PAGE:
Loz Barfoot from XR Sheffield said “ It was encouraging and inspiring seeing so many people in the streets outside Parliament and Westminster this weekend. But beneath the excitement was anxiety, and this ate at me as I travelled back to Sheffield and checked the BBC News headlines for our story. The silence from mainstream media was deafening, and it pains me that this establishment works so hard to interrogate disruptive actions and activists, but at the biggest nondisruptive action in Extinction Rebellion’s history, they do not cast a light. It is more obvious to me now than before, these institutions are complicit in manufacturing the problems we campaign against, and they are also complicit in forcing the hand of disruption themselves.”

The disruption to the snooker in The Crucible by two Just Stop Oil protesters has gained far more publicity than 60,000 non-disruptive protesters in Westminster. Is it surprising then that Extinction Rebellion is reconsidering its tactics? The mainstream media continue to fail to report the awful truth of the climate emergency, that genocide is happening now as people face drought and food shortages, wildfires and floods and small islands are being overwhelmed by the sea, all caused by the world’s addiction to fossil fuels.  How do we wake people up to demand change?

 Here are some thoughts from South Yorkshire campaigners.

Sarah Casson said “It’s the first time I’ve been involved with Christian Climate Action and Extinction Rebellion. I found it inspirational to join with so many people from diverse backgrounds who all share a passionate concern for the good of the planet and for climate justice. There’s such an energy that comes from being together and raising our voices in solidarity with each other and with people all over the world.

I found the moment at the Shell Building especially powerful. (this was when former Archbisop Lord John Sentamu tried to deliver a letter to Shell from a number of Christian organisations) Even though we weren’t able to deliver the letter (to Shell) I pray that our voices will have been heard in some way and that that faceless edifice will start to crumble.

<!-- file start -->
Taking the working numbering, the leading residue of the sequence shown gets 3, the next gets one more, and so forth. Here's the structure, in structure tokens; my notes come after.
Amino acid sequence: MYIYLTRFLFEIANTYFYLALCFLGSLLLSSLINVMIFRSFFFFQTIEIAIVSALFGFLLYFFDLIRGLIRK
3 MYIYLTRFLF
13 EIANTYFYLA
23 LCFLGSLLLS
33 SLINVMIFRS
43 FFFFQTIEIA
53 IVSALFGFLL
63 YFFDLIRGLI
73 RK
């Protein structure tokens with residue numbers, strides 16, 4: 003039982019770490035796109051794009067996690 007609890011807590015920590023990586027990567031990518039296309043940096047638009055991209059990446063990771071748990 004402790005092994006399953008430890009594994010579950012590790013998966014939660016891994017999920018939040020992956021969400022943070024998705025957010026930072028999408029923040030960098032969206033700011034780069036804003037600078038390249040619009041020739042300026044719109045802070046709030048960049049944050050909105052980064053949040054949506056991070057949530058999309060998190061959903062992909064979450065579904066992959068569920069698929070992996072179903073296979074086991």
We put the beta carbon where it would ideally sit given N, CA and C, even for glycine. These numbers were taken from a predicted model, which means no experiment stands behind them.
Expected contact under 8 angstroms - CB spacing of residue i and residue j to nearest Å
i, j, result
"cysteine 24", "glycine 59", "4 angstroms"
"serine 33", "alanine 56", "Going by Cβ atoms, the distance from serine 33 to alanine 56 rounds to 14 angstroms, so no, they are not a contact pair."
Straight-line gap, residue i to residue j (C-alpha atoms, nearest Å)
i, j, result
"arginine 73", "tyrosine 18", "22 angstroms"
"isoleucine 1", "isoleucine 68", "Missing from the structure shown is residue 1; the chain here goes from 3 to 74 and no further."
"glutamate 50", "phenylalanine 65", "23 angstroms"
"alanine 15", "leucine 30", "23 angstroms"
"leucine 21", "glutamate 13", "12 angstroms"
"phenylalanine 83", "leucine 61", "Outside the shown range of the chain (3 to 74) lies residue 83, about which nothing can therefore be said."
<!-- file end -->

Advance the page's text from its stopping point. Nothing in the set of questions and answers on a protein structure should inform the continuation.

I don’t get the feeling that the government is listening but friends and contacts I’ve talked to about the issues are. It’s as if the government is functioning in a parallel universe that has little connection with the needs and concerns of the majority of people in this country let alone the world. The political status quo just isn’t working – we need new ways of living and cooperating in society and the global community, and more effective forms of governance and resource management that respond to needs of the many, not the few!

Being at the Big One gave me a sense of empowerment, courage and hope. The March for Nature was amazingly energising. I found the die in outside the Houses of Parliament a particularly powerful moment full of grief but also strangely hopeful because we were all there together.

Taking part this weekend has given me courage to talk more with others about the climate emergency, to encourage them to join us, and to use protest and lobbying more as a vital part of working for change in our democracy.”

Geoff Cox from Greenhill said “The best of humanity took to the streets of London last weekend.  Dedicated scientists and healthcare professionals, creative people and caring people.  It pains me to think how little coverage is given to these thoughtful, concerned citizens, and how much is given to things of little or no consequence.”

Sheffielder Catherine Fish from Green Christians said,” I am grateful to have been involved with so many in this crusade for a just, sustainable earth”.

George Arthur from Better Buses South Yorkshire campaign said “Attending and speaking at the Better Buses picket of the Department of Transport was a great experience. The number of people from around the country demanding that the government start to fund public transport properly was inspiring. Only able to be at the Big One on Friday I was enthused by the magnificent carnival atmosphere, the wonderful costumes and music and the brilliant organisation of the day. I just wish that the government would show the same enthusiasm to take action to stop the climate crisis that threatens us all.”

South Yorkshire Groups Unite to Demand Better Buses from the Department for Transport

I will be joining with Environmental groups from Sheffield who are uniting in joint protest outside the Department for Transport on Friday 21st April, to demand better buses for South Yorkshire as part of a weekend of protests about government inaction on climate change.

Groups from South Yorkshire taking part in a picket outside the department include Better Buses for South YorkshireSouth Yorkshire Climate Alliance, Kids Plant Trees, Extinction Rebellion Sheffield and Sheffield Green Parents.

The action is part of The Big One, which is taking place from April 21st to 24th and will bring together many of the UK’s environmental groups including Greenpeace, Friends of the Earth, The Climate Reality Project, The Landworkers’  Alliance and  Rewilding Britain.